Sometimes one region can have such a big impact on our collective consciousness that its name starts taking on new meanings. That’s essentially what happened with Hollywood, which went from being a location in the middle of Los Angeles to a concept that represents movies, fame and fortune.
Something similar is happening around Silicon Valley, an idea quickly becoming synonymous with technological innovation and a strike-it-rich ethos extending well beyond the region itself.
And so with a critical eye toward wealth inequality, UCSC’s Chris Benner set out to study how the idea of Silicon Valley operates within the region of Silicon Valley. Benner, a professor of sociology and environmental studies, found that nine out of 10 jobs in the region pay less in real wages than they did 20 years ago.
More than ever, companies in the booming tech industry maintain low operating costs, Benner says, and that means they’re able to pull in exorbitant profits that funnel mostly into the checking accounts of CEOs, investors and venture capitalists.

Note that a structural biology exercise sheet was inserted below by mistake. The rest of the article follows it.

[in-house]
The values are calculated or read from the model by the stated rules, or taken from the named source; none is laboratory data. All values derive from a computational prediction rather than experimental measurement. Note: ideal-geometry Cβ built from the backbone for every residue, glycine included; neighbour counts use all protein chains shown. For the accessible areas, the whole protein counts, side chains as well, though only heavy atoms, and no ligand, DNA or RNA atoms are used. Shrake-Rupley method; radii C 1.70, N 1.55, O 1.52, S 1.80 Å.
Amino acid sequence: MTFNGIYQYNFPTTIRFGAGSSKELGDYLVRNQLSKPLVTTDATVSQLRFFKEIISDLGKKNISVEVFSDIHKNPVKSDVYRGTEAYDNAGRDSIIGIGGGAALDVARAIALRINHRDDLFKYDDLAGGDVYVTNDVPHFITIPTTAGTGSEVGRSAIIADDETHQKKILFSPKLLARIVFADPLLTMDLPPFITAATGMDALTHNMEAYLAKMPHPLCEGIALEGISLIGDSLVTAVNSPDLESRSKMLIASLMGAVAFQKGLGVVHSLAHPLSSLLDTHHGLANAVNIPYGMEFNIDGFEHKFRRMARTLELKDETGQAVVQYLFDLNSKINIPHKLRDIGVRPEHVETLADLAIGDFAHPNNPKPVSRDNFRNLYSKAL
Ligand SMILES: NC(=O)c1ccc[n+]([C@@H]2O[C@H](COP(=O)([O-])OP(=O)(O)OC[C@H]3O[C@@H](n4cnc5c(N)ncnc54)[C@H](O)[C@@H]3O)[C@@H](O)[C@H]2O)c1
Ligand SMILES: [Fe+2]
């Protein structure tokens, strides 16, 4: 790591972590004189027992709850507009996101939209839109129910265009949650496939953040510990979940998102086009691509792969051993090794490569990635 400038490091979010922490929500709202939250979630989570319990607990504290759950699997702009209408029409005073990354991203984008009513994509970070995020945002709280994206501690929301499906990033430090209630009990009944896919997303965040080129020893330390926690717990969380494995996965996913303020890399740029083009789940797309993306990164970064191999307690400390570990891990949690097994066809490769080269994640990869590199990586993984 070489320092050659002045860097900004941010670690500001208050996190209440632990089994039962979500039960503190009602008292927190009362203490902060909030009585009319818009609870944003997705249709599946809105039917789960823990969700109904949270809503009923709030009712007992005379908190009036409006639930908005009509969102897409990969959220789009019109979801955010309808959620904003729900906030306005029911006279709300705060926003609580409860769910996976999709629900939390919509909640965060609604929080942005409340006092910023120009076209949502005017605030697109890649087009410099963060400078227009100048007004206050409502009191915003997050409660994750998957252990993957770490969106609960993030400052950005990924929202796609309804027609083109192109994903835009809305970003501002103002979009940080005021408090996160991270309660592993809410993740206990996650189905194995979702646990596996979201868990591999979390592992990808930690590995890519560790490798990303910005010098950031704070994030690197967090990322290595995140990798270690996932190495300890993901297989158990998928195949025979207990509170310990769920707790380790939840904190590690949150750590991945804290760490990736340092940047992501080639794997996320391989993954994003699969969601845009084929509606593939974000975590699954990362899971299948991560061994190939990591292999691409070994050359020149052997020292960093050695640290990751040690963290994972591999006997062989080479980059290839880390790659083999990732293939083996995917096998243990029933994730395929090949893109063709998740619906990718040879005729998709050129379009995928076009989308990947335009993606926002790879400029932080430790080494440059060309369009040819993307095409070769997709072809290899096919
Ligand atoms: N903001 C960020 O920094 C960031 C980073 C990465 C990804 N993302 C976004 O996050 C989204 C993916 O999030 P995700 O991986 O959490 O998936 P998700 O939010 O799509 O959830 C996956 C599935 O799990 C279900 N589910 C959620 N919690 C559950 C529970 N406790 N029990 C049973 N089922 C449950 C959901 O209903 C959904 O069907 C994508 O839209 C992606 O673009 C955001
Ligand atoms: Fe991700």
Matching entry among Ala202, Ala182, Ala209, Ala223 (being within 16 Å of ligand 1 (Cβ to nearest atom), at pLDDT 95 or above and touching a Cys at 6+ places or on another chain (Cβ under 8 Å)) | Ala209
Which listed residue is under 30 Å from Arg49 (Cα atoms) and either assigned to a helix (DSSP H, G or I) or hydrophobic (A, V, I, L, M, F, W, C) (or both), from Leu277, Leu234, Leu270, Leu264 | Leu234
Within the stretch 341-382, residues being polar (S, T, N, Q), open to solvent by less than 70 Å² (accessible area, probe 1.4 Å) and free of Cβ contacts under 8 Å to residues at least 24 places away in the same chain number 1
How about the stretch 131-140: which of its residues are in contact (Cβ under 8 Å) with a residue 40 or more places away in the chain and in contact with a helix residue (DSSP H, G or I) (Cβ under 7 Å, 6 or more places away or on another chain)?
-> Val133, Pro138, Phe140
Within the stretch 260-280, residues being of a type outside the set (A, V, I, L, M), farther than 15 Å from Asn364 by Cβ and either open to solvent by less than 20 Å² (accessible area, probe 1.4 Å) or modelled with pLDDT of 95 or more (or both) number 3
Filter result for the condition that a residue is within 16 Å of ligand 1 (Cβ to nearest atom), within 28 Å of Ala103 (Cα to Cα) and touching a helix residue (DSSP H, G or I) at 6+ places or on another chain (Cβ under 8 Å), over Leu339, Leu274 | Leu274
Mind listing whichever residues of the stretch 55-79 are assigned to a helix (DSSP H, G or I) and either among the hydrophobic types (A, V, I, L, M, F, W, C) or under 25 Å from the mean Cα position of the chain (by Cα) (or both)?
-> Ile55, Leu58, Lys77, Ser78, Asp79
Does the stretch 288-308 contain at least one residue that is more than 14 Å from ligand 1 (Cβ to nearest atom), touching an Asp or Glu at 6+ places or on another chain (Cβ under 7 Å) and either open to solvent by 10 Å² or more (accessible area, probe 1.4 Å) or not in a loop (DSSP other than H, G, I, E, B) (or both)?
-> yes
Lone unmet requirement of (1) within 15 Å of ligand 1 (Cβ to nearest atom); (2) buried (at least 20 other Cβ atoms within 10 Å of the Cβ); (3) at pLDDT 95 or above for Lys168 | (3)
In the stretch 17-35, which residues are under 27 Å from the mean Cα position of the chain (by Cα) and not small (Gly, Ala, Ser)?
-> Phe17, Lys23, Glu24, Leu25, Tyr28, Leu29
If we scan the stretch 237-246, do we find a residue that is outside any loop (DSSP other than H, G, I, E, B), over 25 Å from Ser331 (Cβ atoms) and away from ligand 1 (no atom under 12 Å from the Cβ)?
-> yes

All this tech money distorts the economy in a number of ways, including in the housing market, where the vast majority of workers are finding rent unaffordable.
- Ensuring that workers have a voice and the freedom to stand together and negotiate a fair return on their work
- Setting responsible contracting standards to ensure subcontracted service and supply chain workers in tech are paid livable wages and have critical benefits, like affordable health care and paid leave
- Working with surrounding communities for companies to address the consequences of growth, especially sky-high housing costs, and pay their fair share to fund essential public services
One idea, Benner says, would be to reintroduce the inheritance tax and use it to fund affordable housing. Another would be property tax reform. We talked to Benner about some of his findings and proposals.
What role do tech companies have in the wages of workers in other sectors over in Santa Clara County?